The people change their allegiance their relations to their sovereign is dissolved but their relations to each other and their rights of property remain undisturbed.
The Supreme Court of the United States (United States v. Arredondo et al.) also declared that Congress have adopted as the basis of all their acts the principle that the law of the province in which the land is situated is the law which gives efficacy to the grant and by which it is to be tested whether it was property at the time the treaties took effect.
The private land titles including pueblos in New Mexico were derived from the authorities of Spain as well as of Mexico. Under this system there are many imperfect and mere inceptive titles. The Supreme Court of the United States has always decided such claims with liberal equity and has always held that an inchoate title to land is property.
In the case of the United States plaintiff in error v. Antonio Joseph (Supreme Court) 4 Otto 614-619 argued April 20, 1877 decided May 7, 1877; also United States Supreme Court Reports 94-97 page 295 Mr. Justice Miller in deciding that the Pueblos of New Mexico were not a tribe of Indians in the legal or governmental sense and in considering the question of their citizenship having in view of course the fact that the United States had appointed an agent for the Pueblos of New Mexico (as it has at times for the Moqui Pueblos of Arizona, formerly of New Mexico), and also the fact that acts by executive officers of the nation (such as the President creating a reservation for the Moquis) held that such acts do not alter or change the legal status of Indians; and the court further held that the Pueblos of New Mexico (and necessarily those in Arizona once in. New Mexico) were citizens of Mexico by reason of that government having given them all civil rights including the right to vote and that the United States was not a proper party to this action having no legal control over them and that the TROS Pueblos must bring their own action in the proper court of New Mexico.
Situated far from traveled routes the Moquis have been visited by few white men.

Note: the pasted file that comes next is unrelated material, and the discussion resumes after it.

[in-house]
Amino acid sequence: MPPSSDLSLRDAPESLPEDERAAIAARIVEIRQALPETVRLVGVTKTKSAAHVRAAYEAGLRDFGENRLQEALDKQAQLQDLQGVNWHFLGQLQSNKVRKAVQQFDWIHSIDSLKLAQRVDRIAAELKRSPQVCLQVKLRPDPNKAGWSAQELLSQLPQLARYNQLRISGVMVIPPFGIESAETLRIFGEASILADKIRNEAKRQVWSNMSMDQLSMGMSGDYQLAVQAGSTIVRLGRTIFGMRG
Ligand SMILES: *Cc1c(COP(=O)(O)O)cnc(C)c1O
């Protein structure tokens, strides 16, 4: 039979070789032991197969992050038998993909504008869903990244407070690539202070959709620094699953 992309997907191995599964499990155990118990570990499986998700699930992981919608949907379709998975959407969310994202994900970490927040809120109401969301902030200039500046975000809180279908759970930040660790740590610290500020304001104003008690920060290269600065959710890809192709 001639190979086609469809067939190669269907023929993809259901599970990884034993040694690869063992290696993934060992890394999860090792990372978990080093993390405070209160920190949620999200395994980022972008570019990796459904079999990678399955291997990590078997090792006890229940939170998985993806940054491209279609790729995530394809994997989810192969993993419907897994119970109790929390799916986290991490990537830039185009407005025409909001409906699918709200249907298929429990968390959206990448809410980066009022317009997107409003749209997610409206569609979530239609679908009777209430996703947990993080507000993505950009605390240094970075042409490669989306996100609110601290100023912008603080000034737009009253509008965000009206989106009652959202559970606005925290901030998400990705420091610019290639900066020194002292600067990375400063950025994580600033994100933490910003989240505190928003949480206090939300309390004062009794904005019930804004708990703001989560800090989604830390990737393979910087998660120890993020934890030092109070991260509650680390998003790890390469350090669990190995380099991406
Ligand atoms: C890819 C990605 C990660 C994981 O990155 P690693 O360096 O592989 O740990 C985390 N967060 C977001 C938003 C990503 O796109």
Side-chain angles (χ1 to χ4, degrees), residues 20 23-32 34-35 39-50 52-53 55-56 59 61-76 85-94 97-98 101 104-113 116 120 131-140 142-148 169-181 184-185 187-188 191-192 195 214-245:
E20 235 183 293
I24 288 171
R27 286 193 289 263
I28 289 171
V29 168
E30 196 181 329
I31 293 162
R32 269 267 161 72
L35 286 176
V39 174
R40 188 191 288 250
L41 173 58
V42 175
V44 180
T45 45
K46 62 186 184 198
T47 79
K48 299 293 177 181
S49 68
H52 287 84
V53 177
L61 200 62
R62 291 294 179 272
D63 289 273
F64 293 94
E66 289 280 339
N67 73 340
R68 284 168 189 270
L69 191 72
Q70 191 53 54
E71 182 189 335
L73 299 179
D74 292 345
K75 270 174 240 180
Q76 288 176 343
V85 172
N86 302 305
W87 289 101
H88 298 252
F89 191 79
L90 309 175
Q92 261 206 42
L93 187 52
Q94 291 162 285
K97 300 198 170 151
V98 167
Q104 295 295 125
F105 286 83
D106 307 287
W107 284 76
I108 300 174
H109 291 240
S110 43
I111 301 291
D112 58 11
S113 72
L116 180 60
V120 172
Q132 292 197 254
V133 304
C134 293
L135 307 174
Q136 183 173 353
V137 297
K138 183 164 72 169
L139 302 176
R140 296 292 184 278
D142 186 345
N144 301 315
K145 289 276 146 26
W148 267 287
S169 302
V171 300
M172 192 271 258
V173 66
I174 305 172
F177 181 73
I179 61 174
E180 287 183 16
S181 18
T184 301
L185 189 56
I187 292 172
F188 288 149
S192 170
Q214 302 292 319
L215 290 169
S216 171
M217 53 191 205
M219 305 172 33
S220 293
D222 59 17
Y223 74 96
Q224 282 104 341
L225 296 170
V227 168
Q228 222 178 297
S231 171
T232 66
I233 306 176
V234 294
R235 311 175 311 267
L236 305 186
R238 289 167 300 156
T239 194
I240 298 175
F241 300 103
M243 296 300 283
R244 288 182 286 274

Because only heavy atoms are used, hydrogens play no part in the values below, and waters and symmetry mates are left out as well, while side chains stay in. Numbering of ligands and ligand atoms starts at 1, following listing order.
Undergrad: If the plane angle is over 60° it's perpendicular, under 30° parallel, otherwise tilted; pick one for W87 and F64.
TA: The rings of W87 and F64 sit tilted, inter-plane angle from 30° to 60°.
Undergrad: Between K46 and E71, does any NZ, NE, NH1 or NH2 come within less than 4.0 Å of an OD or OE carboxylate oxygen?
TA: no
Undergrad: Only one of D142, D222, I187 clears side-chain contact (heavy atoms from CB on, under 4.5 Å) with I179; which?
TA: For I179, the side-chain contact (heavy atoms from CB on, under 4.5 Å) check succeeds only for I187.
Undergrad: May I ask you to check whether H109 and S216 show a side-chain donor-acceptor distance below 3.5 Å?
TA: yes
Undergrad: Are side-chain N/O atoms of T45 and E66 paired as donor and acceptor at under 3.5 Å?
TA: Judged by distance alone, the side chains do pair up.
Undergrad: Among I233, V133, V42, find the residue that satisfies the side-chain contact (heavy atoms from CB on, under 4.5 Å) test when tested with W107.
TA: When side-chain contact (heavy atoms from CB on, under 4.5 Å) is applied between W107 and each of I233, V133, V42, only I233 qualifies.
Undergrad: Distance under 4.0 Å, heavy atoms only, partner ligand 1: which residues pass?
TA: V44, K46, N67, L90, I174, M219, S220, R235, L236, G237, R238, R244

Water Supply and the Country of the Moquis
A casual view of the country of the Moquis from a mountain top shows probably the most uninviting landscape in the west; still where water can be obtained to apply to seeds the most abundant yield follows. Small irrigated areas sustain large numbers of people.
What the Moqui ancestry did for flesh food or other food in variety (there is now no fish) prior to the arrival of the Spaniards who brought horses goats sheep and burros and melons and peaches to the southwest one can only conjecture. Jack rabbits and rabbits, deer and antelopes or mountain sheep and game in the distant mountains or on the far off plains must have been more plentiful than now. Corn the common food of the North American Indian which now makes 90 per cent of their food other than meat must have been their staple along with flesh obtained in the distant mountains.
Notwithstanding the desolation in and about the mesas on which the Moqui pueblos are situated humming birds and mocking birds are found. The mocking birds are also found in great numbers in the pueblos of New Mexico. The Moquis as do the Pueblos of New Mexico cage the mocking bird which thrives in captivity. Doves are found in great numbers anywhere on the American desert.
The Moquis are not reservations Indians in the general acceptation of the word. They were not wild Indians roaming at will over the country gathered up by the government and placed on a reservation to protect the whites from them. They have been town dwellers and cultivators of the soil since the Europeans first came to the country. The definition of their reservation by the President December 10, 1882 was for the purpose of drawing the line over which the Navajos were not to cross. This was also done in the case of the Zuñi. Water was protected by this action and the President increased the area of the reservation to save it.
The United States has never had a treaty with the Moquis
It has never assumed any direct control over them other than the naming of an agent for them and presenting them with a few useful articles from time to time. It has however agreed through the agents to keep the Navajos from murdering and robbing them. They can only live in community on the land they occupy. There is not water enough to irrigate a very large area. It would sink in the land before reaching any broad surface of ground. There are no streams only springs and water holes.